As for the argument about DVD and home theatre, perhaps I'm thinking "too old" here, but let's say movie theatres died, and companies decide to open movies on DVD. There's still a stigma that I have that the movie that is being advertised is "straight-to-DVD." Maybe I'm wrong. I've always thought that there was a stormy, but beneficial marriage to opening a movie in a theatre first, so as there was sort of an "advertisement" to get that movie on DVD later.

If you think that straight-to-DVD for major releases is coming, then I say we're heading for another disaster before it even starts. I remember when movies were "priced for rental," meaning they cost $99 to buy and it allowed chains like Blockbuster to get some rental profit before the video's cost went down. I can't help but think that such a move, if that kind of release were to happen in the future, would be renewed. Because if a movie costs $100 million and it's going straight-to-DVD, there's going to be a cost hike--either in rental price or buying price. Imagine, a company sells their product to Blockbuster and a whole family can see the movie for $4 when it used to be $20 or more when going to the theatre. That's not going to work. Blockbuster is going to be charged a significant price rivaling the exhibitors' headaches, thereby increasing your rental cost. And who wants to own a movie they don't know is good in the first place? You're going to have to rent the movie for a skyrocket price and then buy it for an even more skyrocket price. It just doesn't make sense to me, but that's apparently the utopia that everyone seems to be foreseeing. It's gonna' be great!

Plus, hell...if studios are worried about pirating now...they'll be shell-shocked about the DVD thing. And then, what, we're going to get some new DVD format that can't be copied yet (only to be able to be copied six months down the road, and so on and so forth)?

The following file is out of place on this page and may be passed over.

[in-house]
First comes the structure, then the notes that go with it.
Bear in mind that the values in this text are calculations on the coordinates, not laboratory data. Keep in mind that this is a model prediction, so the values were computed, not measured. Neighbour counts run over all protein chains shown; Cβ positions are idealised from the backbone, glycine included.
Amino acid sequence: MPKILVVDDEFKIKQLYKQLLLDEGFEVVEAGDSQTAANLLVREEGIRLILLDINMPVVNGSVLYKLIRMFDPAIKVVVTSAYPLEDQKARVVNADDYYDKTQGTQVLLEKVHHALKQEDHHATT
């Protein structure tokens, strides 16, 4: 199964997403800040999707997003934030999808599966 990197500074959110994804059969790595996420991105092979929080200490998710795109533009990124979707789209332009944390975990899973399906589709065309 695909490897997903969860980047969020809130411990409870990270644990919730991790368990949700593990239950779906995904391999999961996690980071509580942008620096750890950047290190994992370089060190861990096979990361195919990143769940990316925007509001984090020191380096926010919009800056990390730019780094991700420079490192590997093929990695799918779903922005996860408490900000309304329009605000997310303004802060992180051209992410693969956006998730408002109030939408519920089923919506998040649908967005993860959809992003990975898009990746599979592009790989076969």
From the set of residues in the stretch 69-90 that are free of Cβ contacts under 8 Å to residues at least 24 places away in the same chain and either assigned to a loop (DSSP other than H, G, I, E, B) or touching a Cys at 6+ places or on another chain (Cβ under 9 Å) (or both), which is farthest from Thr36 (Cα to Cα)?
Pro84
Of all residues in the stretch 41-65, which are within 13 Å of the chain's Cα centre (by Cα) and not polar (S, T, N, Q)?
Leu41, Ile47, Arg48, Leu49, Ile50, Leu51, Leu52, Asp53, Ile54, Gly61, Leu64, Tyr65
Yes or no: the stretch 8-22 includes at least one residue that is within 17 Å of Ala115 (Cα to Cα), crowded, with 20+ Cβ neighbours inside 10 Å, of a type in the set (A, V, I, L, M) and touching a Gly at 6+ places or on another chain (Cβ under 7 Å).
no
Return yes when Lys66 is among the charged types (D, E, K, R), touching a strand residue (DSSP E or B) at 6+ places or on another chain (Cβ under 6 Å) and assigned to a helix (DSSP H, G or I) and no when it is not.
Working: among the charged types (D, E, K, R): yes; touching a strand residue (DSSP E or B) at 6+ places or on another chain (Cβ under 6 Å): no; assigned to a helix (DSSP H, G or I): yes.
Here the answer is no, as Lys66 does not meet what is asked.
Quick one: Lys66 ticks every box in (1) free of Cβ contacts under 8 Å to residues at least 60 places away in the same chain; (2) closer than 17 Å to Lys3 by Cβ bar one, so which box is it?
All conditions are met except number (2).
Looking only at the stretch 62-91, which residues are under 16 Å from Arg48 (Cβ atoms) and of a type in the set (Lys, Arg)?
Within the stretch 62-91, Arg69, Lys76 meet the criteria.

The only way anything gets better is if people decide to cut their prices (this goes for professional sports, especially). We've already seen hockey go down the tubes, and ESPN isn't renewing their contract with them, and I feel hockey is just plain dead in the water. Movie theatres, and movies themselves, can die, too. These businesses (sports and movies) have only been around for 100 years, and it's nice to think they'll be just like food and housing, go on forever, but once people eliminate the "need" for them, the once-proud product will have to start over again. We'll have people shooting their own movies for minimal profit or no profit, just like the guys who invented film cameras did. Then, after that, if it catches on again, the mistakes must go un-repeated. But someone needs to tell Bruce Willis he's not worth $20 million, and the domino effects are not worth their new prices, either.

4 Comments:

At 6/07/2005 07:10:00 PM, Blogger Kennelworthy said...

I think you're right on with the DVD thing. I'm actually hoping I didn't come across as suggesting that the "no more theaters...only DVD" would be utopian. Because I certainly don't agree with that. I think you're dead on that the price will rise. I guess that's part of the fear I have, because the consumer will bear the brunt of the cost.